A long paused followed.  I had to break the silence and I heard myself saying to Irhab, "Can I ask you something?"

"Yes" she said.

"Why Irhab? How did you get that name?"

Irhab smiled and started to tell me her story. A story that she has been telling for years it seems.

"I was born in 1936, during the big revolt against the British in Palestine. My father was a teacher in Nazareth. One day he hit the British inspector sent to his school with a book so they exiled him to Gaza."

"Gaza?" I shrugged, "That's the end of the world?"

"Yes" she laughed, "but hitting a British inspector is no small matter. Anyway, my father rented a house from one of the teachers who worked with him. They lived side by side. One night, there was a big fight between the Arabs and the British and many people died. On that night, two babies emerged to the world, me and the daughter of the other teacher. Both fathers decided to call us Irhab because of what happened that night."

"What a story! But didn't you ask him why he gave you this name? Didn't you have trouble going around with such a name in Israel?"

"Actually, no. I never asked him and I never had problems. You see, after the peace agreement between Israel and the Palestinians, I went to Gaza and looked for the other Irhab. I finally found her. She had to change her name. Her name now is Fatima. She could not manage with that name under Arab rule. I could. Few people in Israel understood the meaning of it. I even became a teacher myself, and a principal later. Now I have a decent pension and life is good!"

Suddenly, I had to leave the two ladies. I had a suffocating feeling all over me. I felt that their story is surrounding and overwhelming me. I felt a need to breakout, and being under the few glasses of wine I had earlier during dinner, I was in a gloomy mood. I excused the ladies and said that my wife and kids are waiting. We all went to the room, we put the kids to sleep and after looking at them for a long while, I took a pencil and some of the hotel paper and jotted down the story I have just heard. That night, I slept very well, only interrupted by a dream about a secluded grave and two old women hovering around it.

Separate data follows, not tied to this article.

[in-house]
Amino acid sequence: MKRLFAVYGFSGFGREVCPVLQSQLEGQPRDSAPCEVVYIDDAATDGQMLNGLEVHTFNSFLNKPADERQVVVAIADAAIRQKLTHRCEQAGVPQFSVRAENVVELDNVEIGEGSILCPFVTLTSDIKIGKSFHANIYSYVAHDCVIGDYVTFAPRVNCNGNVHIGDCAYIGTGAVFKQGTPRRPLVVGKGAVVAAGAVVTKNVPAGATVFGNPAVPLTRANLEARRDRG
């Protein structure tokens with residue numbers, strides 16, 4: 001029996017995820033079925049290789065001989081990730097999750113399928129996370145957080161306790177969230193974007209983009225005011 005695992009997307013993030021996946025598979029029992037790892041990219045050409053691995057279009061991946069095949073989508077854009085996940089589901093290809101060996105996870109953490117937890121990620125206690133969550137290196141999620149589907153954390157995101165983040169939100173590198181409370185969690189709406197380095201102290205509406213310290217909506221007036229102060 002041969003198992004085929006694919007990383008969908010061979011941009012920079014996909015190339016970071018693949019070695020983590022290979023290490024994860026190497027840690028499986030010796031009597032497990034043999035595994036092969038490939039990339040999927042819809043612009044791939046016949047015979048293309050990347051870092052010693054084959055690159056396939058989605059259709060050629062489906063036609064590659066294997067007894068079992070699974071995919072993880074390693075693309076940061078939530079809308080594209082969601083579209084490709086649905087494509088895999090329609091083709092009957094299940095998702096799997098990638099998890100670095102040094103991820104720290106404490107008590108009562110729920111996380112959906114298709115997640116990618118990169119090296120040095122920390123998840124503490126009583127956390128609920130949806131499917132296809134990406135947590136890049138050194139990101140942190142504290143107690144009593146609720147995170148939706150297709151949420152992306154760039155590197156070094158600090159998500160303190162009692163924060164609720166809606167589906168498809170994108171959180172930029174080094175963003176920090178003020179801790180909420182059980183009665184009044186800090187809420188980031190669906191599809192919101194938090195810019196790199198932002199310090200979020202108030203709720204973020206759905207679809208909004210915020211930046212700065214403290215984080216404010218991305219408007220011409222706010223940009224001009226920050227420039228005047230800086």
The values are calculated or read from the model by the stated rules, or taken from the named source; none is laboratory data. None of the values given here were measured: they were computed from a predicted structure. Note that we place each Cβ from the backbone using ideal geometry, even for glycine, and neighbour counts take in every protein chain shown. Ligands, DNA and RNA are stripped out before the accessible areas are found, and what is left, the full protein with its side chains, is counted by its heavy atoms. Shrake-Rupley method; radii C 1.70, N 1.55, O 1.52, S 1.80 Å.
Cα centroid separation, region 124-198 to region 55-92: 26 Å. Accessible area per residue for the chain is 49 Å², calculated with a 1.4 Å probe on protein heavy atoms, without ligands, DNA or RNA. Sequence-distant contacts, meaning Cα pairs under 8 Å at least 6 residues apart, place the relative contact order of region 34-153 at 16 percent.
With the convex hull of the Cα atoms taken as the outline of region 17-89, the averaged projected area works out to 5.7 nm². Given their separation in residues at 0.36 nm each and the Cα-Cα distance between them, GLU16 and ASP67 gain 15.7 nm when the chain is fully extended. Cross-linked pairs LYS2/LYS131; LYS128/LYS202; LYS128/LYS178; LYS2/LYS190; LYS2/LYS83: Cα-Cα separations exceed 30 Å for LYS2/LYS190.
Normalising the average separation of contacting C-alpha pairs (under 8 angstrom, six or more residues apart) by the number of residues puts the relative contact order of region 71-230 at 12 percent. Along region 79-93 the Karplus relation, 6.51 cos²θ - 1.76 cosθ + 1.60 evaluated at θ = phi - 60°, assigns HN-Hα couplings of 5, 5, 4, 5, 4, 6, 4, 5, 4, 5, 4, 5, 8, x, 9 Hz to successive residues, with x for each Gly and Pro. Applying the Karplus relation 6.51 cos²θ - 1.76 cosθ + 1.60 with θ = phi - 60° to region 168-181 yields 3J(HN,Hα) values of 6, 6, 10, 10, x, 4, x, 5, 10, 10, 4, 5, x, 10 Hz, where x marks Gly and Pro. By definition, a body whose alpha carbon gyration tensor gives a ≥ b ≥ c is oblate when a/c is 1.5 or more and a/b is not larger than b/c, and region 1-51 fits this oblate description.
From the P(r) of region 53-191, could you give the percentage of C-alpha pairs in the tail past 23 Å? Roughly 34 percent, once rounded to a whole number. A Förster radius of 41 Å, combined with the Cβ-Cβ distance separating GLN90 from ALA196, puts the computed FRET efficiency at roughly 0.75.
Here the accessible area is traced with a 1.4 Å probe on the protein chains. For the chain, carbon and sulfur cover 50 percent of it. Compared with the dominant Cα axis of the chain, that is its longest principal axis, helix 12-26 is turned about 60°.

The trip came to an end. Irhab was received in the airport by a taxi. I never saw her again. Nor did I see the informer. The angels whisper that two women still trod the narrow paths of an old cemetery in the Cypriote city of Limassol, cleaning a grave that no one attends during the year, a grave of a stranger who was on his way back from one homeland to another.

 

 

 

 

 

 

 

 

 

 

[1] Judge no one happy until his life is over" is a familiar theme in Greek and Roman philosophical writing. One variant of this is the Sword of Damocles, which is used to describe a sense of foreboding and might translate into English idiom as "walk a mile in my shoes." Here's the story about Damocles' sword: Dionysius (II) was a fourth century B.C. tyrant of Syracuse, a city in Magna Graecia, the Greek area of southern Italy. To all appearances Dionysius was very rich and comfortable, with all the luxuries money could buy, tasteful clothing and jewelry, and delectable food. He even had court flatterers (adsentatores) to inflate his ego. One of these ingratiators was the court sycophant, Damocles. Damocles used to make comments to the king about his wealth and luxurious life. One day when Damocles complimented the tyrant on his abundance and power, Dionysius turned to Damocles and said, "If you think I'm so lucky, how would you like to try out my life?" Damocles readily agreed, and so Dionysius ordered everything to be prepared for Damocles to experience what life as Dionysius was like. Damocles was enjoying himself immensely... until he noticed a sharp sword hovering over his head, that was suspended from the ceiling by a horse hair. This, the tyrant explained to Damocles, was what life as ruler was really like.Damocles, alarmed, quickly revised his idea of what made up a good life, and asked to be excused. He then eagerly returned to his poorer, but safer life